Chinese calligraphy is pattern recognition: each word is a symbol of meaning and movement. Those who admire calligraphy enjoy the art for its content and for how it is technically executed. The changes in line weight represent a passage of time. The prose draws an imaginative space, the brushstrokes construct a graphic space, and the visible variation of line reveals the rhythm of movement over a time. The brush adds a vertical dimension to writing, and the brushstroke is a two-dimensioned trace of movement in three axes. The brushes accentuates and aestheticizes the dynamic sequences.
Since Mao’s revolution, Pinyin has been a part of Chinese education. Pinyin – Mandarin Chinese written with Roman characters – is a phonetic system that preserves the graphic character of written Chinese in the age of automation. The typist makes the pictograph by typing the appropriate symbol for a particular sound.
There are over 50,000 words in the Chinese language and a literate person uses around 3,500 everyday. Traditionally, students learned vocabulary by reciting and writing words. Memorization was inevitable, and the regular use of the words reinforced the memory of them. The keyboard however, has altered the relationship between the mind, the eye, the ear and the hand. The article“櫓벌蝎랬狼안空,” (Chinese Writing Needs Saving) in the June 15, 2008 issue of the North American-based Chinese periodical Ming Pao Daily News reported that school children in China, when asked to handwrite a word from memory, executed poorly. Their handwriting was messy; many students did not know stroke order, and some left out important strokes. The article suggested that typing circumvents the rules for recording Chinese. The current generation is forgetting a basic skill of the language itself.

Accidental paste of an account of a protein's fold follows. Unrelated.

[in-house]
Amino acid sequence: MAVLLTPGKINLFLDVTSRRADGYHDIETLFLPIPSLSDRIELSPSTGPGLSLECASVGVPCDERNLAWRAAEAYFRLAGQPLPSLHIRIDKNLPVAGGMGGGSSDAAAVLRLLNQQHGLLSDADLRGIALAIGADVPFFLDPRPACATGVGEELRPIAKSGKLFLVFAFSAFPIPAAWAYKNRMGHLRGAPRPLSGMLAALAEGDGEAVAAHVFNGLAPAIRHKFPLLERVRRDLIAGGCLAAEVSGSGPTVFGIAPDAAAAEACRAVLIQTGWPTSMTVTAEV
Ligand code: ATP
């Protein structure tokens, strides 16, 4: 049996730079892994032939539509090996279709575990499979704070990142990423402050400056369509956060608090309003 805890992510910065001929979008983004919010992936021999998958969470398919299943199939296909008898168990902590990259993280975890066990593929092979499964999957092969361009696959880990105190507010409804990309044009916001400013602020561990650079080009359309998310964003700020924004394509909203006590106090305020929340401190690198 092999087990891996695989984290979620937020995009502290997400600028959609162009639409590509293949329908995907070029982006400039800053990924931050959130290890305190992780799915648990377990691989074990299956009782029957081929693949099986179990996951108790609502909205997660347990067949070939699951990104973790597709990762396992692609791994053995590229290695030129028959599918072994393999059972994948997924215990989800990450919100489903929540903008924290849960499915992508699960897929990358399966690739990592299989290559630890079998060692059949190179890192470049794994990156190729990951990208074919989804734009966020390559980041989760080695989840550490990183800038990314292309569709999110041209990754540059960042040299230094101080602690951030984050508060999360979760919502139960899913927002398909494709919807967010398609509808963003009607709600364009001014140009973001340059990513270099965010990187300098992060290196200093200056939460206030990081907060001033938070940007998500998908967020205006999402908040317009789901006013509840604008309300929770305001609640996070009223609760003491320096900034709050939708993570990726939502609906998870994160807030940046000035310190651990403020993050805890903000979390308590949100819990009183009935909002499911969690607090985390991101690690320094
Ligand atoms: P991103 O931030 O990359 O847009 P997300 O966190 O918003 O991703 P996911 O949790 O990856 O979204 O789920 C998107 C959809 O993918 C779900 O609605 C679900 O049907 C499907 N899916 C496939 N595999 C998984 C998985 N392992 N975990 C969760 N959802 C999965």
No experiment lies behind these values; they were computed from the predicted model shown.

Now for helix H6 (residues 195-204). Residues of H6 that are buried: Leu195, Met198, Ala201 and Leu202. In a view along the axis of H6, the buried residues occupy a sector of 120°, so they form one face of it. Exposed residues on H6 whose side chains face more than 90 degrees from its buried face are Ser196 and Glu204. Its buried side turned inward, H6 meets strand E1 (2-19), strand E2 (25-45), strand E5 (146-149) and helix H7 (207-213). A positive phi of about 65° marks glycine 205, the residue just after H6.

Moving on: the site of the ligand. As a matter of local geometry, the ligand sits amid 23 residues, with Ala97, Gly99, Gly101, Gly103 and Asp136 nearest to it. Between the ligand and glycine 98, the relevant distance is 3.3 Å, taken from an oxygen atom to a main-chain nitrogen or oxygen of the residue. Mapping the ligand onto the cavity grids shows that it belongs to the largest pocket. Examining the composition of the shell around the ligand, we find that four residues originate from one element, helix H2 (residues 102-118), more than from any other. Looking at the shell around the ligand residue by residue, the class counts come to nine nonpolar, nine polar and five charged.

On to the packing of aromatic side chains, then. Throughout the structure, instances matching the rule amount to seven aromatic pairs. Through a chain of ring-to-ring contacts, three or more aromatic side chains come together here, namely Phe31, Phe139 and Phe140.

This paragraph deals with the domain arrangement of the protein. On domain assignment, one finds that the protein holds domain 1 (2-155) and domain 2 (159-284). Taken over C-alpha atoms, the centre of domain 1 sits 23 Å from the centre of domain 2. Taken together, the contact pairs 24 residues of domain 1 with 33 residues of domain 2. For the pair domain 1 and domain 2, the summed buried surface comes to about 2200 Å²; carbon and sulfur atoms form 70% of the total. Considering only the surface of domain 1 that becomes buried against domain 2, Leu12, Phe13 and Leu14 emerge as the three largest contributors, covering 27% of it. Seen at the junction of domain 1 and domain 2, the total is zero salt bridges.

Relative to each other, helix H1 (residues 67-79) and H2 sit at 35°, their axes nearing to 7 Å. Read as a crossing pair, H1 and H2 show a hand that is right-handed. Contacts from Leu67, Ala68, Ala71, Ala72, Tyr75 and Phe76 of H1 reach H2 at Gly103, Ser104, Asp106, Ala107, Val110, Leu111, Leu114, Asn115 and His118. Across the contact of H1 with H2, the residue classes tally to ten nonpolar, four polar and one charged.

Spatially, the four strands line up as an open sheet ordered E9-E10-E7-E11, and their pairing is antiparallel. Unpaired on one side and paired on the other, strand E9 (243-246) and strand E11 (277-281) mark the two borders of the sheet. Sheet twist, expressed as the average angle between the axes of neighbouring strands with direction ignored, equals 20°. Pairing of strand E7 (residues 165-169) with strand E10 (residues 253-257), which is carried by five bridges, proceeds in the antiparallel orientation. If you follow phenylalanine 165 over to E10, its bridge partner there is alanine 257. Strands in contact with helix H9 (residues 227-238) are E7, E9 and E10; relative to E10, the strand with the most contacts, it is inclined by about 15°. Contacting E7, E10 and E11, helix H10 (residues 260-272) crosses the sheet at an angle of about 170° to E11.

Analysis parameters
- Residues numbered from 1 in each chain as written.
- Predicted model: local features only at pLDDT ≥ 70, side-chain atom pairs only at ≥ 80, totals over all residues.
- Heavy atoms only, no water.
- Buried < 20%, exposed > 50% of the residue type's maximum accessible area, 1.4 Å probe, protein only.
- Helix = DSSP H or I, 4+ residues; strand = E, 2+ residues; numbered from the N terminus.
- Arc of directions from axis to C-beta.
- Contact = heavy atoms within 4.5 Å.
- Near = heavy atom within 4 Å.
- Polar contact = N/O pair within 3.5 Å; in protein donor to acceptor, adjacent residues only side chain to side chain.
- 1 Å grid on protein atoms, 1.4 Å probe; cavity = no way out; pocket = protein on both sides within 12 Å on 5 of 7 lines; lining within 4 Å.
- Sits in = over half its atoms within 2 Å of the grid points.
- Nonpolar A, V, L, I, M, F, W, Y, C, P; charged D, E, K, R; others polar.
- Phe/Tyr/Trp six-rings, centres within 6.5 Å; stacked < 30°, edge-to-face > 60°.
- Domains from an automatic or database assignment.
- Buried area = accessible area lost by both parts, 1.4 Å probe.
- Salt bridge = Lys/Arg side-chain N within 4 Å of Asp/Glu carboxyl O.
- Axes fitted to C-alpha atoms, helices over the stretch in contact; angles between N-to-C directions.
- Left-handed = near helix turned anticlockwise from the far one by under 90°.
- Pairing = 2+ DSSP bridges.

Whereas Pinyin was introduced a half century ago and word processing is a popular communications tool in the last decade, handwriting, more specifically calligraphy is a skill that was developed and practiced for over two millennia.
Calligraphy is an education in itself, an art that combines rules and intuition. The art of the line uses the Four Treasures of a Scholar’s Study: the brush, the paper, the ink and the ink stone. The brush is the recording device which uses paper for preserving and exhibiting the recorded information; the ink is the medium and the ink stone helps prepare the medium.
For over 2000 years Chinese writing has been recorded with a brush. Tsuen-hsuin Tsien, the author of Written on Bamboo and Silk; the Beginning of Chinese Books and Inscriptions, observed that brushes were discovered on archeological sites dating back as far as the 1600 B.C., when oracle bones were made, but the general Meng T’ien, in the third century B.C. was credited for making the first brush. The chisel, the stylus, and the brush coexisted in history, but by the Qin Dynasty in the third century B.C., brushes became the most popular writing tool.
Paper was invented in the second century A.D. by Ts’ai Lun. This achievement, mentioned in the official history of 25-189 A.D., the Tung-kuan Han-chi, stated Ts’ai Lun’s motives for inventing paper as making a material less cumbersome than bamboo tablets and less expensive than silk. “He initiated the idea of making paper from tree bark, old rags, and fishing nets.” Paper catalyzed the propagation of written texts, and after the fourth century A.D., “Paper has been in use everywhere.”
The ink stone is a well and a mill; the calligrapher grinds an ink stick (compacted charcoal powder) while he adds water. There isn’t a prescribed formula for mixing ink. If the mixture is viscous, the brushstroke risks looking dry, and if the mixture is dilute, the brushstroke risks looking bloated. Experience is the only measure, one knows when the proportion is right by the smell of soot coming from the mixture and the oily sheen on the surface.